The product with fulvene 2 as the 6 π-e component and tropone as the 4 π-e component [6F+4T] is 3, while reversing their participation in the [6T+4F] cycloaddition leads to 4. A variety of [4+2] reactions are also possible. All of these reactions were investigated at PCM/M06-2X/6-311+G(d,p)//B3LYP-D3/6-31G(d). The reaction leading to 3 is exothermic by 3.0 kcal mol-1, while the reaction to 4 endothermic by 1.3 kcal mol-1.

Interestingly, there is only one transition state that leads to both 3 and 4, the first known bispericyclic transition state for two conjoined [6+4] cycloadditions. The barrier is 27.9 kcal mol-1. The structures of the two products and the transition state leading to them are shown in Figure 1. 3 and 4 can interconvert through a Cope transition state, also shown in Figure 1, with a barrier of 26.3 kcal mol-1 (for 43).

3

4

TS [6+4]

TS Cope

Figure 1. B3LYP-D3/6-31G(d) optimized geometries.

Given that a single transition leads to two products, the product distribution is dependent on the molecular dynamics. A molecular dynamics simulation at B3LYP-D3/6-31G(d) with 117 trajectories indicates that 4 is formed 91% while 3 is formed only 9%. Once again, we are faced with the reality of much more complex reaction mechanisms/processes than simple models would suggest.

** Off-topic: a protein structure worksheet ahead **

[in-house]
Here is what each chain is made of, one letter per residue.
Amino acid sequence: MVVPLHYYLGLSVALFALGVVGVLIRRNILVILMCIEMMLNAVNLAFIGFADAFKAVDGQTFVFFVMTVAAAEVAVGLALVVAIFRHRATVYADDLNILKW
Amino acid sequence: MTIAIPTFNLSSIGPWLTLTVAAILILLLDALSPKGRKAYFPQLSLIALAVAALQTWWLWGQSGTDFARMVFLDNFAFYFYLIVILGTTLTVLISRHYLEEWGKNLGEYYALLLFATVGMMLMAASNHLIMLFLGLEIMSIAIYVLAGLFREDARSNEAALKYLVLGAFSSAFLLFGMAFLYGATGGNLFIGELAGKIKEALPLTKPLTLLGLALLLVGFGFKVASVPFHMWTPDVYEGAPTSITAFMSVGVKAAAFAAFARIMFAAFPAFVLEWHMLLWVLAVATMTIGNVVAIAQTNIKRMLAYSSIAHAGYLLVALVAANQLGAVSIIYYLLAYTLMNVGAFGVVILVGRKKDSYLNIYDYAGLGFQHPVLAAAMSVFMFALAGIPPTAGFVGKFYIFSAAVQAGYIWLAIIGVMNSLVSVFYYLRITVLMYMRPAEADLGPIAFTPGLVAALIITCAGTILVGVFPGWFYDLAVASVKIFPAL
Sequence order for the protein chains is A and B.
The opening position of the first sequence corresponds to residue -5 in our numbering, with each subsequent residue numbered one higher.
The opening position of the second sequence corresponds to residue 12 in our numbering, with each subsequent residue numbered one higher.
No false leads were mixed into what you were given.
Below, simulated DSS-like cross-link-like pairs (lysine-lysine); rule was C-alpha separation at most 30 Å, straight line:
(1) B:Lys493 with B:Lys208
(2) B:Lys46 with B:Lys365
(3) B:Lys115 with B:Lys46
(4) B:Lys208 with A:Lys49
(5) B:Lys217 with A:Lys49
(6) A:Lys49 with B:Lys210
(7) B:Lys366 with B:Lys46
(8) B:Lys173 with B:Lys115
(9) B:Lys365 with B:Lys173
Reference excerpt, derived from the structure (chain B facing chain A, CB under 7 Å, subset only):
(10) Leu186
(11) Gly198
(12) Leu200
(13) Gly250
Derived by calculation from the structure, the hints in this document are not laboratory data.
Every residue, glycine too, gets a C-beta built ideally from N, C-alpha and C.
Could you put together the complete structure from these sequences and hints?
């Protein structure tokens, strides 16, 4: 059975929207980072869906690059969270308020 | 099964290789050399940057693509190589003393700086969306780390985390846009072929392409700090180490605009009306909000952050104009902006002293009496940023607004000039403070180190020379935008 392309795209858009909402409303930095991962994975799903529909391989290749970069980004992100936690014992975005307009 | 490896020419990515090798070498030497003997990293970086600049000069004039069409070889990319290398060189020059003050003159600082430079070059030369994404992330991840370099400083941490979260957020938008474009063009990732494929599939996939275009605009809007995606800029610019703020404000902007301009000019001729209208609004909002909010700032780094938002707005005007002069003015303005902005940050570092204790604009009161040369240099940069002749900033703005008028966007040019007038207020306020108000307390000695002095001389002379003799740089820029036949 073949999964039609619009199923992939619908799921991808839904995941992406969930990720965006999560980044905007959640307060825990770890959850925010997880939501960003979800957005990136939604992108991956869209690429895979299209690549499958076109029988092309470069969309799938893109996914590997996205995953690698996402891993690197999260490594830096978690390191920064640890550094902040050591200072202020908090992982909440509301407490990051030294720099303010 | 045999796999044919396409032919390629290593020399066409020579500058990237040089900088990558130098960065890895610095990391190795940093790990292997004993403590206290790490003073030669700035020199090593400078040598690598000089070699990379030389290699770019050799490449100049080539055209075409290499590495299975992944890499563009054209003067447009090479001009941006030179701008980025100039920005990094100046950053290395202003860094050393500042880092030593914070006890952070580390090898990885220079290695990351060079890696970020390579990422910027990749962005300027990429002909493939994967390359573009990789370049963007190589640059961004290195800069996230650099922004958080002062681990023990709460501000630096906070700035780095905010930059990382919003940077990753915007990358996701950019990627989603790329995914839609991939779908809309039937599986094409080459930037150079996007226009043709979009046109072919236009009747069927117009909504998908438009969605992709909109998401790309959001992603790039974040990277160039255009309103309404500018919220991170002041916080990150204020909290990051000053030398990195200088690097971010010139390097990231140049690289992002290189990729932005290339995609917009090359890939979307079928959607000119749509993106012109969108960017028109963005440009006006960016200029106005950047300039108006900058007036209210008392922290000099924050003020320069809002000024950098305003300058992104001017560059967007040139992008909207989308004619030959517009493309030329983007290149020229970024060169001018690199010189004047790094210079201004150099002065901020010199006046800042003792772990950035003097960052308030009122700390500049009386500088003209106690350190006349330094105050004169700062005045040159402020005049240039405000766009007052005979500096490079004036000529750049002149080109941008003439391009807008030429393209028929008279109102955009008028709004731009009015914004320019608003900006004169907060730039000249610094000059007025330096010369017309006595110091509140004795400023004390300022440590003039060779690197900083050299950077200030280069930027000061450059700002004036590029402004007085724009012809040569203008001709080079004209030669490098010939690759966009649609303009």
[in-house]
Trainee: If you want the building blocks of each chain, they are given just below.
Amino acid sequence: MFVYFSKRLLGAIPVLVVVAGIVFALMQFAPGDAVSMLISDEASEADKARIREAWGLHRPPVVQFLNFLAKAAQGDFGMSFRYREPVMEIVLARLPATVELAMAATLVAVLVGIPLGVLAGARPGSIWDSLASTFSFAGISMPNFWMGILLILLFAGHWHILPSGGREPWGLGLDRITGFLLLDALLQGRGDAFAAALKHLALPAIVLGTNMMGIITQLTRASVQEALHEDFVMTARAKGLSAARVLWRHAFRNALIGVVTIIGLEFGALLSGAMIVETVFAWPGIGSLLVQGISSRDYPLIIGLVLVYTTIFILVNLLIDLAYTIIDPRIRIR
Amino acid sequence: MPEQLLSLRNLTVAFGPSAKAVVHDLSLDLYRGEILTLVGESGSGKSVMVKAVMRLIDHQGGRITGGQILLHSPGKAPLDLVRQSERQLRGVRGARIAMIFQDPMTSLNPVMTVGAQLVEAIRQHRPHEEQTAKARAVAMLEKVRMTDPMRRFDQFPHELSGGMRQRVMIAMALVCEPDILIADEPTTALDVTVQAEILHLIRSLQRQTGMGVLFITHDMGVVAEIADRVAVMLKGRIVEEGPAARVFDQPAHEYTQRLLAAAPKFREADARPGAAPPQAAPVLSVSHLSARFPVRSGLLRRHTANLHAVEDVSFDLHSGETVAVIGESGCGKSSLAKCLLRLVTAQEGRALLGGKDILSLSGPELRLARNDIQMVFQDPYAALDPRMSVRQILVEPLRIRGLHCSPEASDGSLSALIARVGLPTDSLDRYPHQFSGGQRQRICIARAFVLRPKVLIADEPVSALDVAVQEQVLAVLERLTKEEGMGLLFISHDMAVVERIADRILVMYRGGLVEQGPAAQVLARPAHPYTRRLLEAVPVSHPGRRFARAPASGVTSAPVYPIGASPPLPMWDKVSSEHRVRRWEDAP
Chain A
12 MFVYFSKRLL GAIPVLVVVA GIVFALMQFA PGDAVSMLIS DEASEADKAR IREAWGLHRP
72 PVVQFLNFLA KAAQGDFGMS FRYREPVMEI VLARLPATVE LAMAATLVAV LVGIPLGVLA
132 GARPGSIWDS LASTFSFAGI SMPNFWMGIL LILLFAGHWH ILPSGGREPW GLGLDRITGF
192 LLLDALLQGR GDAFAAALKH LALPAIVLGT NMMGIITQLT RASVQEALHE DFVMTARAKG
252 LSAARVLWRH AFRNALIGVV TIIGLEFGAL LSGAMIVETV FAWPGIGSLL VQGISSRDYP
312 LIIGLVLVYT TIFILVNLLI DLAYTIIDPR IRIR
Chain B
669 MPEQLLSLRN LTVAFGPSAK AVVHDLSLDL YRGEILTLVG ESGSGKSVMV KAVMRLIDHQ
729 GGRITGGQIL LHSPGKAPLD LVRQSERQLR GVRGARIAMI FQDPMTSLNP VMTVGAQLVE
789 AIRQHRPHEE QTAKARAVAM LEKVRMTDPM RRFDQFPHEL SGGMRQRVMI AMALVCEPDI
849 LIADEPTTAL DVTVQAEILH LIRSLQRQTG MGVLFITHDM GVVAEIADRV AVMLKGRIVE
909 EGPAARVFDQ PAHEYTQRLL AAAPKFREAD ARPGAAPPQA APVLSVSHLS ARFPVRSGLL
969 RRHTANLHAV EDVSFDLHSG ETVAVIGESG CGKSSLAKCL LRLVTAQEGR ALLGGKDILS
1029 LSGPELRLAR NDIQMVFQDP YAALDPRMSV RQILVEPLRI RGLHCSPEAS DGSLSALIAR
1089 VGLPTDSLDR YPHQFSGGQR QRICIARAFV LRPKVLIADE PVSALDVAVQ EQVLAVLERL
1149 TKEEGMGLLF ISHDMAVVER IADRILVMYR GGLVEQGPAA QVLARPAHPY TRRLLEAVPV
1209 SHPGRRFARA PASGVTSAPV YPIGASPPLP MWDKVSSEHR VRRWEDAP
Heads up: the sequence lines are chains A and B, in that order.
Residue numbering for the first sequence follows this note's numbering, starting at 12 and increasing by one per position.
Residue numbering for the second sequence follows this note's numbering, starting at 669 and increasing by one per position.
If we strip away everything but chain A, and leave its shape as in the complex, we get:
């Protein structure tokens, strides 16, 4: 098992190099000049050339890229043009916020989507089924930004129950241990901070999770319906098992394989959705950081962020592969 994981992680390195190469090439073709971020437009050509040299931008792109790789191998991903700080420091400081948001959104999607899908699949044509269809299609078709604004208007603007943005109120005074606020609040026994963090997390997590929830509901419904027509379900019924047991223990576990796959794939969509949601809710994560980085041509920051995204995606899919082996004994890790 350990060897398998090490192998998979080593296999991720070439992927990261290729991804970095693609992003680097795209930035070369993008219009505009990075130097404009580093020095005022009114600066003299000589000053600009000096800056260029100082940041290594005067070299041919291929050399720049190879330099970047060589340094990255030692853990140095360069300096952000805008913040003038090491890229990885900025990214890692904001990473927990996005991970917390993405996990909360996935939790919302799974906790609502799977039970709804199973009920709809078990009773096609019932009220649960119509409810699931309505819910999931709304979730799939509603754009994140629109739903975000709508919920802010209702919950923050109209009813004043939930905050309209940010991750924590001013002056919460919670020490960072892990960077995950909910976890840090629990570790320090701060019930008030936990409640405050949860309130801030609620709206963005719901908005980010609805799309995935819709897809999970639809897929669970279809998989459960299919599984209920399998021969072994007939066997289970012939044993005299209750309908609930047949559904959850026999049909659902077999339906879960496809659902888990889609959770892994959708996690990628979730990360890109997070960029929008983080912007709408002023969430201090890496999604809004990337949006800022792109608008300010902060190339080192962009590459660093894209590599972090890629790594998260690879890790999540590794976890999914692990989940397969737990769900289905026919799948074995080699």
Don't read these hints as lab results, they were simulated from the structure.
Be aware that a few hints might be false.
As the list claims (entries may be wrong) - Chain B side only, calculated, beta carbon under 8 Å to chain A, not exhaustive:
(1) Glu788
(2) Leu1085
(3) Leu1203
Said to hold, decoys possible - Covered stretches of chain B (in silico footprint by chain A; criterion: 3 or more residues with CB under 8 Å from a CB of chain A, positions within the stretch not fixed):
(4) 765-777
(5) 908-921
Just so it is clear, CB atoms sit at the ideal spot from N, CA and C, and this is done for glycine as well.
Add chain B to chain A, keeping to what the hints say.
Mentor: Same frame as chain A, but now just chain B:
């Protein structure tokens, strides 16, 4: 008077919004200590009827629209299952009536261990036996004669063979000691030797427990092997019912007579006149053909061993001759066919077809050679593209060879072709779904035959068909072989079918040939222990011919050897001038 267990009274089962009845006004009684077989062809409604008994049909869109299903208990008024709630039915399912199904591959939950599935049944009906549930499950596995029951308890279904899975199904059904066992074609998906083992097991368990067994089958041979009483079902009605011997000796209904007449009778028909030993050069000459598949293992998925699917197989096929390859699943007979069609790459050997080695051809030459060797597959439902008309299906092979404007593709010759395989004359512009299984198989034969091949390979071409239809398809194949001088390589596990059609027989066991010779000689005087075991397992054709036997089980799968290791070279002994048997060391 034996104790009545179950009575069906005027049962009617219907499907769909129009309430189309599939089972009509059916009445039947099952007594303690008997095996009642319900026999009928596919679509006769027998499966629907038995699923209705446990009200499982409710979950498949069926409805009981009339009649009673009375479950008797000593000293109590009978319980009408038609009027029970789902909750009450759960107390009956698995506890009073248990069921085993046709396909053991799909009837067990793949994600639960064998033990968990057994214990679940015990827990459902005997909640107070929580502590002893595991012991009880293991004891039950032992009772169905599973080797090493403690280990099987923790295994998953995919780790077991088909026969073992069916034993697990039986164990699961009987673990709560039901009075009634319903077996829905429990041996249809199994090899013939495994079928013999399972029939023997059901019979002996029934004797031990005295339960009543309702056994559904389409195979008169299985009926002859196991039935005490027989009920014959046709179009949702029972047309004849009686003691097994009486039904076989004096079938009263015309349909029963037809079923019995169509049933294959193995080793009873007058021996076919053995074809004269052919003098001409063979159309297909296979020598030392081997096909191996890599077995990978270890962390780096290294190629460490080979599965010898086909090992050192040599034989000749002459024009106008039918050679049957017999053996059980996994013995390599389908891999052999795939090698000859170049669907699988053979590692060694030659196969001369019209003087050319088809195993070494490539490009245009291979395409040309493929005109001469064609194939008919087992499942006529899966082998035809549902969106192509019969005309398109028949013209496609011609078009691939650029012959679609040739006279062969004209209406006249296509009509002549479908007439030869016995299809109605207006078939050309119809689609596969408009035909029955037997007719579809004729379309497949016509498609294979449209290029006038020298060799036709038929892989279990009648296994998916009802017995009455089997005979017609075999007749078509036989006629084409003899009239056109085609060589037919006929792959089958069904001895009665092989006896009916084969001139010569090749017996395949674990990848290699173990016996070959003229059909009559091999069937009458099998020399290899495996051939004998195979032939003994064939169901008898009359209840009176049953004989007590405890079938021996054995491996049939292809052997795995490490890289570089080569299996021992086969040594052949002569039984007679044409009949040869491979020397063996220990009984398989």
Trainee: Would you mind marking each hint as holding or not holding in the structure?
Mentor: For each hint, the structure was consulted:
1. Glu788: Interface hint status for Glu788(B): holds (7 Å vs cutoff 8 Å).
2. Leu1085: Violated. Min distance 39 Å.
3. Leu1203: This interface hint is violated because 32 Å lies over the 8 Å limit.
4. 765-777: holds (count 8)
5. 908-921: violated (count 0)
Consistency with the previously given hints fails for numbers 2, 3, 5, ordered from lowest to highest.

References

1) Yu, P.; Chen, T. Q.; Yang, Z.; He, C. Q.; Patel, A.; Lam, Y.-h.; Liu, C.-Y.; Houk, K. N., "Mechanisms and Origins of Periselectivity of the Ambimodal [6 + 4] Cycloadditions of Tropone to Dimethylfulvene." J. Am. Chem. Soc. 2017, 139 (24), 8251-8258, DOI: 10.1021/jacs.7b02966.

InChIs

1: InChI=1S/C7H6O/c8-7-5-3-1-2-4-6-7/h1-6H
InChIKey=QVWDCTQRORVHHT-UHFFFAOYSA-N

2: InChI=1S/C8H10/c1-7(2)8-5-3-4-6-8/h3-6H,1-2H3
InChIKey=WXACXMWYHXOSIX-UHFFFAOYSA-N

3:InChI=1S/C15H16O/c1-15(2)10-6-8-12(14(16)9-7-10)11-4-3-5-13(11)15/h3-12H,1-2H3
InChIKey=SEKRUGIZAIQCDA-UHFFFAOYSA-N

4: InChI=1S/C15H16O/c1-9(2)14-10-7-8-11(14)13-6-4-3-5-12(10)15(13)16/h3-8,10-13H,1-2H3
InChIKey=AQQAMUGJSGJKLC-UHFFFAOYSA-N

cycloadditions &Dynamics &Houk Steven Bachrach 07 Aug 2017 No Comments

A few review articles

A few nice review/opinion pieces have been piling up in my folder of papers of interest for this Blog. So, this post provides a short summary of a number of review articles that computationally-oriented chemists may find of interest.

Holy Grails in computational chemistry